invest_3ed.pdf

# 0225 because 00225 001 we would not reject the null

• 429
• 60% (5) 3 out of 5 people found this document helpful

This preview shows pages 308–311. Sign up to view the full content.

shows an empirical p-value of 0.0225. Because 0.0225 > 0.01, we would not reject the null hypothesis at the 0.01 level and conclude that this firing process was not more likely to fire individuals with larger ages. Note: You could also carry out this simulation in R > I = 10000; diff = 0 > for (i in 1:I){ rerandom = sample(age) diff[i] = mean(rerandom[1:3])-mean(rerandom[4:10]) } (d) A two-sample t -test in Minitab or R: Now p-value < 0.01, and we would reject the null hypothesis at the 0.01 level and conclude that this firing process was more likely to fire individuals with larger ages. (e) The two-sample t -test yields a much smaller p-value, about 0.006, which implies much stronger evidence of an underlying age difference between the two populations (fired and not fired). However, because of the small sample sizes (especially with the unbalanced groups), we would have major concerns about using the t -procedures for this study. The empirical p-value from the simulated randomization test is more trustworthy. In fact, in this study, it’s probably more work than we need to do, because with only 120 possible combinations it is not unreasonable to calculate the exact p-value.

This preview has intentionally blurred sections. Sign up to view the full version.

¤ Chance/Rossman, 2015 ISCAM III Example 4.2 308 Example 4.2: Speed Limit Changes Try these questions yourself before you use the solutions following to check your answers. In 1995, the National Highway System Designation Act abolished the federal mandate of 55 miles per hour maximum speed limit and allowed states to establish their own limits. Of the 50 states (plus District of Columbia), 32 increased their speed limits in 1996. The data in TrafficFatalities.txt shows the percentage change in interstate highway traffic fatalities from 1995 to 1996 and whether or not the state increased their speed limit. (Data from the National Highway Traffic Safety Administration as reported in Ramsey and Schafer, 2002.) (a) Identify the observational units and response variable of interest. Is this a randomized experiment or an observational study? (b) Produce numerical and graphical summaries of these data and describe how the two groups compare. (c) Are the technical conditions for a two-sample t -test met for this study? Explain. (d) Carry out a two-sample t -test to determine whether the average percentage change in interstate highway traffic fatalities is significantly higher in states that increased their speed limit. If you find a significant difference, estimate its magnitude with a confidence interval. (e) Discuss what the p-value in (d) measures.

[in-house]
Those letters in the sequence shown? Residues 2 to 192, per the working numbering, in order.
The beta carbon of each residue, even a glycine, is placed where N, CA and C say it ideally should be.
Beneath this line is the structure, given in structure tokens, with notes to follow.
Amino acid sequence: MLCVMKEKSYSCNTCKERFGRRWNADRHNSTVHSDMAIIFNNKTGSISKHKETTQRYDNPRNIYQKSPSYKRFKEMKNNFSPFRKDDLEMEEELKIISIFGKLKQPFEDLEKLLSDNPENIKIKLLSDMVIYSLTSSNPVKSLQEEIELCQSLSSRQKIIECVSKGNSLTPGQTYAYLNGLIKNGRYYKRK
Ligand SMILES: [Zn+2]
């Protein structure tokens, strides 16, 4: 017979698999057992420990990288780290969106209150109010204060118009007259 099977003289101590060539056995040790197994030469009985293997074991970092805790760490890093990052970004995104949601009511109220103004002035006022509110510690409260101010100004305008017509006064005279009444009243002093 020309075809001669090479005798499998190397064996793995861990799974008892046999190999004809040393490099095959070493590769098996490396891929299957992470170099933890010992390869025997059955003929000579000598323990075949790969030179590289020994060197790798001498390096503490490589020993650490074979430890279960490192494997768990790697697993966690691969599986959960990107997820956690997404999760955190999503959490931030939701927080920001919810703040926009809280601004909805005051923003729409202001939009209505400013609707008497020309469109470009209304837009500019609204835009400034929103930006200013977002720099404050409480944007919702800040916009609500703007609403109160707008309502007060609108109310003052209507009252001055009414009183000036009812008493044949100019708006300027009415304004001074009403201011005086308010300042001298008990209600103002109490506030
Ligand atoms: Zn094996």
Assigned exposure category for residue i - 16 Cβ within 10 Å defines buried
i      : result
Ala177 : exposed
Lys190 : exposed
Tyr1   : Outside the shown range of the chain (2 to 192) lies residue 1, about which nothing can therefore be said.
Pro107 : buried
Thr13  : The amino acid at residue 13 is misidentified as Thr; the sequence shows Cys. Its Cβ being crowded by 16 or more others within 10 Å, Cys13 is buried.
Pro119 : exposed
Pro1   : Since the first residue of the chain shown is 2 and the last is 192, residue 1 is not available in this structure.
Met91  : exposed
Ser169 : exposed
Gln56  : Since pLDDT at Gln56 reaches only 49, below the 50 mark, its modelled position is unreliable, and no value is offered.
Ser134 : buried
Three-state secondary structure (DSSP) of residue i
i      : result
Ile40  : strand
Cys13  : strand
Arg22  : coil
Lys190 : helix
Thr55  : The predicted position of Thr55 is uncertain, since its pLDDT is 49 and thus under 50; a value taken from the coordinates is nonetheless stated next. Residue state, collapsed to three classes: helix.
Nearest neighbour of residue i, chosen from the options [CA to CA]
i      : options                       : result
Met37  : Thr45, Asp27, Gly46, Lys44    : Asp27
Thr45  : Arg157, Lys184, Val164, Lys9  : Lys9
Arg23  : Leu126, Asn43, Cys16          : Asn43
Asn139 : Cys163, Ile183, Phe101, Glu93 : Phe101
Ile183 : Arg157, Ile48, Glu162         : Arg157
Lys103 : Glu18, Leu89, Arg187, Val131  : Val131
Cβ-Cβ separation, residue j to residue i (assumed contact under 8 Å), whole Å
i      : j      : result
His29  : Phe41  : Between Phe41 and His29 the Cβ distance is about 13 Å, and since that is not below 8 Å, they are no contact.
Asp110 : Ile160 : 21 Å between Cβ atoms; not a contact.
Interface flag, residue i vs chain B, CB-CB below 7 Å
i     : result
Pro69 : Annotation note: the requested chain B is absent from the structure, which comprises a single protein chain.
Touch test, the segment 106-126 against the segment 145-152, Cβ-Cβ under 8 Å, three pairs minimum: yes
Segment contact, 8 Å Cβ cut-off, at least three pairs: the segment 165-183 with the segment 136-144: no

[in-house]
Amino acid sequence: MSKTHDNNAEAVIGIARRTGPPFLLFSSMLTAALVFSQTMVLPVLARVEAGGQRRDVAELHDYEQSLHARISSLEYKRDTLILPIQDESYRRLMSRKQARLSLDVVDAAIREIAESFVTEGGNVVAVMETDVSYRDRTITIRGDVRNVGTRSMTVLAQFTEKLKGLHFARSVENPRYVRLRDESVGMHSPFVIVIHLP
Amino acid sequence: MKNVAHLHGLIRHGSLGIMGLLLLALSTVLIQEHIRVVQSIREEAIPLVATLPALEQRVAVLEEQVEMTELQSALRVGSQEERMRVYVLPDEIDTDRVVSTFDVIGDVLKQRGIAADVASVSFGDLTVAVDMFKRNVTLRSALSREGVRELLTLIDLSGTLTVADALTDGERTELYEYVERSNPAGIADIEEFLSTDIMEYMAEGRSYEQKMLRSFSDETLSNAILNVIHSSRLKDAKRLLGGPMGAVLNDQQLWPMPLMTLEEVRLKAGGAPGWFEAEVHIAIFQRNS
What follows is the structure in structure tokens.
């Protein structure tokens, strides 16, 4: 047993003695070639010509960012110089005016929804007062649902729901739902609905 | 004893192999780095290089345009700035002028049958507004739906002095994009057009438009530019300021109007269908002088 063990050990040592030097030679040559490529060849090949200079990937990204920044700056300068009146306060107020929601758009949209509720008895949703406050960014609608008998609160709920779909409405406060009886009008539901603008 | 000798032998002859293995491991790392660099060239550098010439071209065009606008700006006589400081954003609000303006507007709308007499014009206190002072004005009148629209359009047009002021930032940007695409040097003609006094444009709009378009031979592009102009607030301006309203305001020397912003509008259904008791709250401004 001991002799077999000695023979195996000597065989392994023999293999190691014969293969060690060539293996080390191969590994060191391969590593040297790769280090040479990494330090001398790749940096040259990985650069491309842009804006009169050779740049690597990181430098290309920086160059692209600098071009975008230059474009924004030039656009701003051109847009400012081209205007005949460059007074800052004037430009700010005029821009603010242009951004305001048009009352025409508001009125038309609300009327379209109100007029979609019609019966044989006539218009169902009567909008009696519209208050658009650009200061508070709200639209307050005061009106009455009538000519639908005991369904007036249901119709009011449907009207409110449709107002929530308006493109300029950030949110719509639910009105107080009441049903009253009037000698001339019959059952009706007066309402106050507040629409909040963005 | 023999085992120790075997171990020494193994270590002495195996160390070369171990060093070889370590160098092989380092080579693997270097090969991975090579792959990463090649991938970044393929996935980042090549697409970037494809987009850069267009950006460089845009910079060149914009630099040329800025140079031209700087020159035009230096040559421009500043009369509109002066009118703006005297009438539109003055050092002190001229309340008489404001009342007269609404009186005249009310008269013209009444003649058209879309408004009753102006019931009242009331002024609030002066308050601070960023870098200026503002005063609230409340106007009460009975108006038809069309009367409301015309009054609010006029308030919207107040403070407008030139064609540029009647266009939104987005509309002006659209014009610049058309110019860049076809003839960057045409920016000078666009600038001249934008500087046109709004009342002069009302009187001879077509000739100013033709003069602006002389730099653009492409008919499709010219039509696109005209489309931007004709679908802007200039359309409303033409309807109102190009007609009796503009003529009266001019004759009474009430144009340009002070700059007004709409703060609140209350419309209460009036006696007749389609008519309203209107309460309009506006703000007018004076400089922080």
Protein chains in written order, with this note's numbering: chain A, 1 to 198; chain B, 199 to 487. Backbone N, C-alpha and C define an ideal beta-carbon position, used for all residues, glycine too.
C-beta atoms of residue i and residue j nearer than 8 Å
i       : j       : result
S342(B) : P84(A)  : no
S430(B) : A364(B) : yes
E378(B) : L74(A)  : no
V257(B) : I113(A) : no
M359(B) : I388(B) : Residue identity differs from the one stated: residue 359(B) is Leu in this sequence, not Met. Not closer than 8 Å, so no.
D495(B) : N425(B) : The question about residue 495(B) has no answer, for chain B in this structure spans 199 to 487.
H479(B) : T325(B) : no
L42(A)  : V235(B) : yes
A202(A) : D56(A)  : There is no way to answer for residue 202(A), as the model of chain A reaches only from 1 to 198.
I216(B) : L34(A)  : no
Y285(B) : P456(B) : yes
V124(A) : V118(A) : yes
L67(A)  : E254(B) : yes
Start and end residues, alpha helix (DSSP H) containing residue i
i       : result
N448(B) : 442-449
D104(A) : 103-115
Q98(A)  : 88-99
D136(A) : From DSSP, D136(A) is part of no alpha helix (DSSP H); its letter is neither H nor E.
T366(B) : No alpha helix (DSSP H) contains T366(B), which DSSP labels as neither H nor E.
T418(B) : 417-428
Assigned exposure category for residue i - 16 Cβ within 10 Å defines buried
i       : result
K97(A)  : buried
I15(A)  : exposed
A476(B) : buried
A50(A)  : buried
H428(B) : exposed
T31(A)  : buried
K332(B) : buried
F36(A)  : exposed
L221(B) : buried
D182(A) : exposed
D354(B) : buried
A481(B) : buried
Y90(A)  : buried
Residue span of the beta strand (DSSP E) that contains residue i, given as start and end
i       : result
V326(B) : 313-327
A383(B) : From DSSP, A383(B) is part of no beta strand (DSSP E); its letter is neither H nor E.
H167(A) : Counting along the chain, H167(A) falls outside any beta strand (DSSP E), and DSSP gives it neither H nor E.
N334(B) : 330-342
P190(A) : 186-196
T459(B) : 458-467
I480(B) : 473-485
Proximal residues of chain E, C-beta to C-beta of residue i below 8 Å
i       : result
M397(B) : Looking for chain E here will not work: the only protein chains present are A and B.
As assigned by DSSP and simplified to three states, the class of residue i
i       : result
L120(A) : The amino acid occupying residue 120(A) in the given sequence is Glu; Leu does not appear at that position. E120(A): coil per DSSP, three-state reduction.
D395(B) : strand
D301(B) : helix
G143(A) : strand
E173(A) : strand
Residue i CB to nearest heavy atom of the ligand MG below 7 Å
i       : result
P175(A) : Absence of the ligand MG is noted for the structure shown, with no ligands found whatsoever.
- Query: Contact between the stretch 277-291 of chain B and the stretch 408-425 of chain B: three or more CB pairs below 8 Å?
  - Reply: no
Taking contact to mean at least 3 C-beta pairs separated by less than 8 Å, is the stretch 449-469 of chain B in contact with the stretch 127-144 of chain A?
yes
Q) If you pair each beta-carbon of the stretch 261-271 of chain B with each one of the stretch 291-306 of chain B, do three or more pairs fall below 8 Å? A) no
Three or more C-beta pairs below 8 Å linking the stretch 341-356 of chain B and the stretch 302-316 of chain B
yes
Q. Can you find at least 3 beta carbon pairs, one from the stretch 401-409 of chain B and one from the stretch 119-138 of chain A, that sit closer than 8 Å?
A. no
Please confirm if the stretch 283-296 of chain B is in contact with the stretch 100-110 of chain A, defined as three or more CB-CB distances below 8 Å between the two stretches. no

Chance/Rossman, 2015 ISCAM III Example 4.2 309 Analysis (a) The observational units are the 50 states (and the District of Columbia). The response variable of interest is the percentage change in traffic fatalities from 1995 to 1996 (quantitative). This is an observational study because the researchers did not randomly assign which states would increase their speed limits.

This preview has intentionally blurred sections. Sign up to view the full version.

This is the end of the preview. Sign up to access the rest of the document.
• Spring '14
• -STAFF

{[ snackBarMessage ]}

### What students are saying

• As a current student on this bumpy collegiate pathway, I stumbled upon Course Hero, where I can find study resources for nearly all my courses, get online help from tutors 24/7, and even share my old projects, papers, and lecture notes with other students.

Kiran Temple University Fox School of Business ‘17, Course Hero Intern

• I cannot even describe how much Course Hero helped me this summer. It’s truly become something I can always rely on and help me. In the end, I was not only able to survive summer classes, but I was able to thrive thanks to Course Hero.

Dana University of Pennsylvania ‘17, Course Hero Intern

• The ability to access any university’s resources through Course Hero proved invaluable in my case. I was behind on Tulane coursework and actually used UCLA’s materials to help me move forward and get everything together on time.

Jill Tulane University ‘16, Course Hero Intern